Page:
There’s been some things happening around here. I’m not going to go into much of it because it’s primarily Sean’s story to tell, or not, as he sees fit. Astute readers can probably piece together the basics. Right now we’re both emotionally raw, exhausted, and overwhelmed but in different ways, which makes for some totally reasonable marital communication. And as there’s no rest for the wicked, we’re also moving in a matter of weeks. Yeah, again. If I had known there wasn’t gonna be rest, I wouldn’t have majored in Wicked. Who gets rest? Cats? How do I get to be a cat? Are there night classes?
The move is hopefully going to put us in a position to get life on track, I hope, but what I really want to do right now is crawl into a bed and sleep for six months. Instead, I’m trying to see if my insurance has providers anywhere in our new area (and if not looking up places who will offer a sliding rate until I can get new insurance); avoiding packing; trying not to be crushed by gratitude and guilt as a few very generous people have offered amazing help; being generally awkward in my last few weeks of work; scrambling for some financial assistance; and, of course, freaking the f**k out.
None of this puts me at my best to be a good supporter, so I’m also either tangling myself up with feelings or trying to talk myself back down about them.
Friends with whom I’ve talked, as well as my counselor have been a lot of help. They’ve made suggestions, offered support for me, and even volunteered some of their own resources to help me make things happen as painlessly as possible. They’ve been wonderful.
And yet, of course, I can’t leave well enough alone. Oh no, I had to notice something.
I am, apparently, “strong.” Sometimes it goes so far as “very strong,” and I don’t know what to do with that.
I’m not trying to be the word police, or even complain. This is a supportive and complimentary thing to offer to a friend who’s having a hard time. This has even come from my counselor, whose entire job is to say healthy and supportive things to me. Some of my problem can be traced back to my overall difficulty with compliments, which I mostly handle either by shrugging them off or crying. Also, I don’t feel strong. I am acutely aware of the many minor failures I make each day as a partner and supporter, and as a person who’s trying to be something vaguely approaching a functional adult. But my rational mind is aware that I am way more likely to notice the negative about me. I try to make allowance for that.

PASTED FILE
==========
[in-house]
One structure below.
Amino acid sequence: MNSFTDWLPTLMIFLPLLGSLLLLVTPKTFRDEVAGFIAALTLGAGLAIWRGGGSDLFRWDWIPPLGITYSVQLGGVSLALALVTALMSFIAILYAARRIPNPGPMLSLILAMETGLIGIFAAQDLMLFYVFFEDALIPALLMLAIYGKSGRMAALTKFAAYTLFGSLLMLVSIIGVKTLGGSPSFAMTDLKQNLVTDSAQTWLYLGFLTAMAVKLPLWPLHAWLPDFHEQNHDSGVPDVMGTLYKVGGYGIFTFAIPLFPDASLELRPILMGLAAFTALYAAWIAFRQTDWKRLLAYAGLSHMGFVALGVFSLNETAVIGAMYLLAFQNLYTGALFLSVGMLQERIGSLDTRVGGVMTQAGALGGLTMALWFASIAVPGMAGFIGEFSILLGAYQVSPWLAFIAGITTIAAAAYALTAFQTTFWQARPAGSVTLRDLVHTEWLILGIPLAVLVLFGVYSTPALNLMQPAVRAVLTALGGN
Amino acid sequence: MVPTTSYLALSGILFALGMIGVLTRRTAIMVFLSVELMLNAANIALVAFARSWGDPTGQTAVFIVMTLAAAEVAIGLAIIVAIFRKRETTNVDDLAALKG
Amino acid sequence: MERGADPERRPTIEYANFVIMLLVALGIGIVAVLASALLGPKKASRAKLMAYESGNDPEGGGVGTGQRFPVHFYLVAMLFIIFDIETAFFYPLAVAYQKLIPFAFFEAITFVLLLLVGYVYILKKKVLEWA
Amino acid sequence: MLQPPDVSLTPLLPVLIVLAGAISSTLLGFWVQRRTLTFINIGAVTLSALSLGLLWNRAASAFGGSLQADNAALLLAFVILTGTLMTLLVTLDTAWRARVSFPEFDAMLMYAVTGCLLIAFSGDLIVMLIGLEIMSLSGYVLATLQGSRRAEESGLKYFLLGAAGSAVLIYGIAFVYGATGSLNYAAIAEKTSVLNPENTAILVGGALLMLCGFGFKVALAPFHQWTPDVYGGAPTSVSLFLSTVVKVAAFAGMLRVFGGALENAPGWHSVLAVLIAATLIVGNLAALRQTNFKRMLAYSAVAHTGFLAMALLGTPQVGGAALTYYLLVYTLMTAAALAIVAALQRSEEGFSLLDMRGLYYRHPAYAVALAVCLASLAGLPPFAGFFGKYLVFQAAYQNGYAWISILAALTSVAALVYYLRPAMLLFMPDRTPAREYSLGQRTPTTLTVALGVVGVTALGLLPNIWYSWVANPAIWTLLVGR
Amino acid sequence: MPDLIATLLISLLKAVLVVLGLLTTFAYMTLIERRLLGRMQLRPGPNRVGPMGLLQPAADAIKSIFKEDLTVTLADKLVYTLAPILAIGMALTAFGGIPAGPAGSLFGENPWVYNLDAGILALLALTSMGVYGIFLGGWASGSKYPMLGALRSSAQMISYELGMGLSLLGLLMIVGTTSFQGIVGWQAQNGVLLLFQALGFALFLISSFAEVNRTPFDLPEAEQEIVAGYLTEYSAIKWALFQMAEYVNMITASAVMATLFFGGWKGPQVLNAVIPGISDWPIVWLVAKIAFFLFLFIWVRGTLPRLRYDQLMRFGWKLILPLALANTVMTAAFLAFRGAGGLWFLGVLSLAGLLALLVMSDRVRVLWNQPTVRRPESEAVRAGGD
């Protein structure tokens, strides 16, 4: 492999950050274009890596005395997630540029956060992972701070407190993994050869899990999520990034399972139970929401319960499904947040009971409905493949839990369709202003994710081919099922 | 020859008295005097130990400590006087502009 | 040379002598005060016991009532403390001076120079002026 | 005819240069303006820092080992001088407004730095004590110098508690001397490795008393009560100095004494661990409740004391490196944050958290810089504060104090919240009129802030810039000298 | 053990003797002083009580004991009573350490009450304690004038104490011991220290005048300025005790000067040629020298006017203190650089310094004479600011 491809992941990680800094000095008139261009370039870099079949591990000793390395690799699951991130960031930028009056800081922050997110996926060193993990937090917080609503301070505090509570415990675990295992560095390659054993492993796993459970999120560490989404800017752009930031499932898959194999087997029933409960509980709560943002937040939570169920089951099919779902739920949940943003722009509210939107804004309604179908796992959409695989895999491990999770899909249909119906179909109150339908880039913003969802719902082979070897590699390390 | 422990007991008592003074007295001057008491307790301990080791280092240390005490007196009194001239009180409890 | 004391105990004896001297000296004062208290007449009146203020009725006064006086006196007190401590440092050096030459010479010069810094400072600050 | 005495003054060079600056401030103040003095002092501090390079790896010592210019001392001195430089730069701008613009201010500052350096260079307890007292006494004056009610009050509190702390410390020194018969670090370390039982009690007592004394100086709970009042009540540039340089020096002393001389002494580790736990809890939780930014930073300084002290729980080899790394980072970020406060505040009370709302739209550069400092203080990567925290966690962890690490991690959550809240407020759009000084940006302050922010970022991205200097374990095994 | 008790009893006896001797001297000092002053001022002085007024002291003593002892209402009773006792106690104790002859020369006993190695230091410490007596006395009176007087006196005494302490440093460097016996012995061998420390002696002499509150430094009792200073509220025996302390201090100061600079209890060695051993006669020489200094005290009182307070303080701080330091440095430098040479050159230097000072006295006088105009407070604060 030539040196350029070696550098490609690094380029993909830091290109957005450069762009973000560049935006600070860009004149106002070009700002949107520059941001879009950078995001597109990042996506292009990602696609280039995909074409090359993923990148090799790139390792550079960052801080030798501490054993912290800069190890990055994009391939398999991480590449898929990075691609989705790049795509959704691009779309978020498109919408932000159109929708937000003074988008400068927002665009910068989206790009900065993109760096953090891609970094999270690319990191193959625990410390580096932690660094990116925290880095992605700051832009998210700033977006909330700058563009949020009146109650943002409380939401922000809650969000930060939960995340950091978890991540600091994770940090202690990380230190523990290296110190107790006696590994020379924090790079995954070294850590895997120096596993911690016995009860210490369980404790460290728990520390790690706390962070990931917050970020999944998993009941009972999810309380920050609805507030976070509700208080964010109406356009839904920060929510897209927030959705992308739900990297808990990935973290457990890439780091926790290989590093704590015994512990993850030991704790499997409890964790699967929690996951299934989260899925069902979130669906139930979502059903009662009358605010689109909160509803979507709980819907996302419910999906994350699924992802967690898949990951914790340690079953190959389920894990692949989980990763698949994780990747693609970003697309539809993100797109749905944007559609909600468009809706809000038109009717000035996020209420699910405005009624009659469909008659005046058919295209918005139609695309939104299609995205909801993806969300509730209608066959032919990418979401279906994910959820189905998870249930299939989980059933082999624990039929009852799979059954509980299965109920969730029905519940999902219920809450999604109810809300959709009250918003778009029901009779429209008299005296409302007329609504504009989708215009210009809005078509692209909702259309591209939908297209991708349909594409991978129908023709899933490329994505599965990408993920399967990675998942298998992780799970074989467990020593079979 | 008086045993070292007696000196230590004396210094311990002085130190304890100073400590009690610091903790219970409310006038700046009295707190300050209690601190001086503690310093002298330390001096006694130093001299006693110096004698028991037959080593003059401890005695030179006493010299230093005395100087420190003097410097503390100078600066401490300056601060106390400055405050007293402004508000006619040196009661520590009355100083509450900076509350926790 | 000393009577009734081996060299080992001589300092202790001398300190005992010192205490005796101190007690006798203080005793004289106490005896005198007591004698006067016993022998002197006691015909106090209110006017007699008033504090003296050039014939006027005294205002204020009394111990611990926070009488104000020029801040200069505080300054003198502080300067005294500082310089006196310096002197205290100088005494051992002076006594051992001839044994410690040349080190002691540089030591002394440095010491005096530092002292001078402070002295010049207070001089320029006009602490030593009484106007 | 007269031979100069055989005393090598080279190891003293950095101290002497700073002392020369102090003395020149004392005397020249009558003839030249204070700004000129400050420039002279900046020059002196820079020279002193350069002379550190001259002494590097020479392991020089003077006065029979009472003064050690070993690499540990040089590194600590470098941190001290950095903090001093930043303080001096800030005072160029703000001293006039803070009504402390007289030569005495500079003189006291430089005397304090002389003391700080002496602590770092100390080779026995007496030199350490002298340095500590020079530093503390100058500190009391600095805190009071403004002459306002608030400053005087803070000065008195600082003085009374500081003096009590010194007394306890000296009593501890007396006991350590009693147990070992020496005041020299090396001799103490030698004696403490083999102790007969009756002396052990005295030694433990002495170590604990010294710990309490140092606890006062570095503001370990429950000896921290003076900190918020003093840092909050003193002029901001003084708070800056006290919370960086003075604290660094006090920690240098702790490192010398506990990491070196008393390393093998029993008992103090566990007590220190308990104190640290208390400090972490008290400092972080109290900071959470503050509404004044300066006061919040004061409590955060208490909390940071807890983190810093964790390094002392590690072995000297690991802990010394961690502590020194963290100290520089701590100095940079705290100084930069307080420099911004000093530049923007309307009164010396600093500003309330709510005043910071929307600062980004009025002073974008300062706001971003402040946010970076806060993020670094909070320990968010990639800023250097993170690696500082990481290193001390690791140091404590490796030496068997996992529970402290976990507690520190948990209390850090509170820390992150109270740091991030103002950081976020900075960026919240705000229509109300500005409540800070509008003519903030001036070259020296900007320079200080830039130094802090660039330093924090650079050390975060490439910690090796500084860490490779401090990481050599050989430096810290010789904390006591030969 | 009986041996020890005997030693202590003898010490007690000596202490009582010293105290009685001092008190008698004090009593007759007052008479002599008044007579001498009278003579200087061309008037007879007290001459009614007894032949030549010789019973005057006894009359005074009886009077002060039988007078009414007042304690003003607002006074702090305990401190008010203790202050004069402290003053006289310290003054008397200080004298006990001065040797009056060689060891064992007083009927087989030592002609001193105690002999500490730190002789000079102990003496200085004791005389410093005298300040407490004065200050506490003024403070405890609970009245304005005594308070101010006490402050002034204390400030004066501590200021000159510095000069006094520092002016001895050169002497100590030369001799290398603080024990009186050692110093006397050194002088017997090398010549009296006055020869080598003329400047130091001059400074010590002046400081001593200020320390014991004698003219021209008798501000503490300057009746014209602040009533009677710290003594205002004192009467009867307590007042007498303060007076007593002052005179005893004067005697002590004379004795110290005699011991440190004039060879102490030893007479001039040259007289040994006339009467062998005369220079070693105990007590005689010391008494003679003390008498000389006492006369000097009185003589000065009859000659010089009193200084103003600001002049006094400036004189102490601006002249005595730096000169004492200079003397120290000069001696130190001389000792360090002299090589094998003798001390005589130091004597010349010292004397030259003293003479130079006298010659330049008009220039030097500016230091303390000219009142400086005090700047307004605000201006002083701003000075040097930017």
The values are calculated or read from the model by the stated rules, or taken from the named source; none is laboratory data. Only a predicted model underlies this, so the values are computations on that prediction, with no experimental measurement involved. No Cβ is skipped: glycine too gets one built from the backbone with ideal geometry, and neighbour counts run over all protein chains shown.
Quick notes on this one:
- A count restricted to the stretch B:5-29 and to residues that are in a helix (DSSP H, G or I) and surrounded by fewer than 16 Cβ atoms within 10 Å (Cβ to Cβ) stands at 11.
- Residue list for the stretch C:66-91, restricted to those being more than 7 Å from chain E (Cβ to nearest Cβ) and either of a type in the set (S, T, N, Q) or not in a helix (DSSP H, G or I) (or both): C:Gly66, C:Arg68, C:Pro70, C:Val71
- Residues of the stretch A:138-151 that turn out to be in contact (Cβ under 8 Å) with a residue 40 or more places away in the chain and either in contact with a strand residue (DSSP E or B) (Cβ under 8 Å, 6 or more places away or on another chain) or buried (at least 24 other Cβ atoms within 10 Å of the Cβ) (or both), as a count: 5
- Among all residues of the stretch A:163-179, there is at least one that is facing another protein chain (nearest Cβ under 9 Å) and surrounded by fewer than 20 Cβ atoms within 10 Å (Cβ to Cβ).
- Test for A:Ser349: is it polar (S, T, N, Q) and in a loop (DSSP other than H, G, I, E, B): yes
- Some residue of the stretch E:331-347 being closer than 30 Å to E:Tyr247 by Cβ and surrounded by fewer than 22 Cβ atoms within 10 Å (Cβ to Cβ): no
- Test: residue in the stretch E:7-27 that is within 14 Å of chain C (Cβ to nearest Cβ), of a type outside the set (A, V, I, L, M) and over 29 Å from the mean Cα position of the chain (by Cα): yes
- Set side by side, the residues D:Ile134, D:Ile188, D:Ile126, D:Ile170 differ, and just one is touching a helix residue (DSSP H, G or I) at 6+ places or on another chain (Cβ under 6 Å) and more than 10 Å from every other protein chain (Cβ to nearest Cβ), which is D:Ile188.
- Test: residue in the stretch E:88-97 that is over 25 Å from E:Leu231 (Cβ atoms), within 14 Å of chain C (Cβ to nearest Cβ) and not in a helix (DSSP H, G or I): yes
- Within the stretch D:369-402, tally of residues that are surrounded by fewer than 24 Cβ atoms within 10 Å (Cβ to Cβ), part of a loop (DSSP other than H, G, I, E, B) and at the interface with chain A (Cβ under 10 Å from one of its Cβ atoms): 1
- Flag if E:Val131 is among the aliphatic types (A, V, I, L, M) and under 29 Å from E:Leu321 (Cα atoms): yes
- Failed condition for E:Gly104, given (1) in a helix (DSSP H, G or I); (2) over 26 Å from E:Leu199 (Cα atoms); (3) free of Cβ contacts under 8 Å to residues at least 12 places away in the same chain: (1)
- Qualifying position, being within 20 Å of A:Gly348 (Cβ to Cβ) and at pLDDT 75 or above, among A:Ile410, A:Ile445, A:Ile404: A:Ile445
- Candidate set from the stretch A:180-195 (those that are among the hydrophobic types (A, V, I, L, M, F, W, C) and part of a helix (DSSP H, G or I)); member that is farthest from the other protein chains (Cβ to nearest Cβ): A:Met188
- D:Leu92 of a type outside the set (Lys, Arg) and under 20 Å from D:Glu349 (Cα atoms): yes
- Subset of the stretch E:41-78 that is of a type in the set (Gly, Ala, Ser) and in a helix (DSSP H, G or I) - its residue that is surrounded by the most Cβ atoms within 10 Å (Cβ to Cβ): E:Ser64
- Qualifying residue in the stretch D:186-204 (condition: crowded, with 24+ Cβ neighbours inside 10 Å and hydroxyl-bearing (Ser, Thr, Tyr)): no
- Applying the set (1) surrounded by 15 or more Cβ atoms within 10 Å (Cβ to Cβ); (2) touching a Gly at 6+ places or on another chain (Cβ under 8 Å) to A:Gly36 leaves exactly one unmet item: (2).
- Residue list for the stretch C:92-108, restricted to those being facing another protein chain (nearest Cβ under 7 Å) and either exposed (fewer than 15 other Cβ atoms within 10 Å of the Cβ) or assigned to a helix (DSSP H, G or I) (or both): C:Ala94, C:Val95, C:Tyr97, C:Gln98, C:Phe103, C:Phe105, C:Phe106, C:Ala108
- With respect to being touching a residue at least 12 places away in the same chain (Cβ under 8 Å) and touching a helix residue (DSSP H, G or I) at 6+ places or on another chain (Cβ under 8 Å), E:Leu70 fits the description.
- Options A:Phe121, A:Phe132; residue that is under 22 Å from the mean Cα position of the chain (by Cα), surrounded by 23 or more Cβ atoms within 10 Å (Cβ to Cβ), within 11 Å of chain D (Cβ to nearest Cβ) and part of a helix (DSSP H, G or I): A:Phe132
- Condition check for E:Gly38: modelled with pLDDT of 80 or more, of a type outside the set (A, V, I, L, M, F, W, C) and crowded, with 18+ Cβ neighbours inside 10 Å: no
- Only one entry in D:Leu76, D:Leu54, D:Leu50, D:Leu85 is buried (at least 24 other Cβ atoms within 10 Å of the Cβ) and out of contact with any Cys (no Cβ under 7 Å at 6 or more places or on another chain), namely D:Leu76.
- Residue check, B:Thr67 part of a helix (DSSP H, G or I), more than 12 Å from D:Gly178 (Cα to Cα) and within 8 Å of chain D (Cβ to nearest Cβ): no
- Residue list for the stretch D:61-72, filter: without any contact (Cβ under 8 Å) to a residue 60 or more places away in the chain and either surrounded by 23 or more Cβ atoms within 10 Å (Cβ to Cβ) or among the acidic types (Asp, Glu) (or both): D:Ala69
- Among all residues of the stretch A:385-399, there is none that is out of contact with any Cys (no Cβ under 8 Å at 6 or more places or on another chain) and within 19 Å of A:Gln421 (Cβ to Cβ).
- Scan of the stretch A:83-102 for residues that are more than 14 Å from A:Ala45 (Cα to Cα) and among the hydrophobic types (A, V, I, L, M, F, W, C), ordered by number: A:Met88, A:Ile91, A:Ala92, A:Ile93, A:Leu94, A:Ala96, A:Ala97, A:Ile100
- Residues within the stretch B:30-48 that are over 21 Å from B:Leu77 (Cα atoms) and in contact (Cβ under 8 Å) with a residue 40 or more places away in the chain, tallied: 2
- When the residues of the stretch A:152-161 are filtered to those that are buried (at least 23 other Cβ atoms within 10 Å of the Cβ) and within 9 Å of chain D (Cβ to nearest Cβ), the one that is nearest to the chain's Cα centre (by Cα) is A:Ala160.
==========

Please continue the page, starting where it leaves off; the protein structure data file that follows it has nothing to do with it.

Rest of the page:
Those things are pretty routine and I’m used to dealing with their ilk. The problem that keeps sticking with me when I’m told I’m strong is that it is in direct opposition to a piece of support I have relied on for years.
I don’t remember now which book I got it from, but somewhere in my eating disorder recovery I came across this gem: It’s the job of a workhorse to be strong. You are not a workhorse. You are a human being and your job is to be you, to approach your life and your problems with your own perceptions and virtues. I’m paraphrasing, so apologies to the lifesaver who originally penned this.
The point of it is to dismantle the perfectionism that usually plagues people with ED’s. (That’s eating disorders, not erectile dysfunction, just so we’re clear.) Often we’ll tell ourselves we can’t be weak, we have to be strong or else (it feels) THE WORLD WILL END and also everyone will hate us. So, “you are not a workhorse” became shorthand for me that I don’t have to be perfect because nobody is and that’s not the point anyway. I really internalized this. It’s something I rely on.
So everyone telling me I’m being really strong puts me in a damned if I don’t and damned if I do scenario; either I’m not accepting praise and support which is offered in a healthy way when one of my goals is to get better at doing that, or I am accepting that strong is a good thing to strive for, which leads right to weak is a bad thing and it all goes downhill from there rather starkly.
Because trust me, I’m being plenty weak and will probably continue. I’ve done stupid things like punch the wall or blow off half a day of work (or a couple) even though I could have gone in. I’ve been clumsy with Sean’s feelings. I’ve been hasty, or too hesitant with fairly important decisions. You see my jokey blog and my FaceBook and I try to be fun to talk to with the couple people I’m willing to talk on the phone with, but you don’t see the whole picture. Trust me, the ugly crying and the b***hface are there too.
I don’t know what to do with this contrast of ideas. For now I think I’m just going to sit with it. Sitting with my feelings is always good practice, and as far as discomforts in my life go this is a small one. Maybe one day I’ll just wake up ok with the cognitive dissonance, or with a strong preference one way or the other.
Other than that I’m going to hang on to a quote from John Green, which I know I’ve got right because it is much shorter: “Context is everything.”
In the context of “Boy, you sure aren’t losing your s**t as much as you could, even if you are losing it a little. Maybe more than a little,” strong is probably an acceptable thing to be. Whereas in the context of “I have to be strong. Flaws are intolerable,” strong is toxic. This seems like a reasonable way to think, so I’m going to aim for that and we’ll see how it goes.
For f***k’s sake don’t feel guilty if you told me I’m strong. Yes I’m looking at you,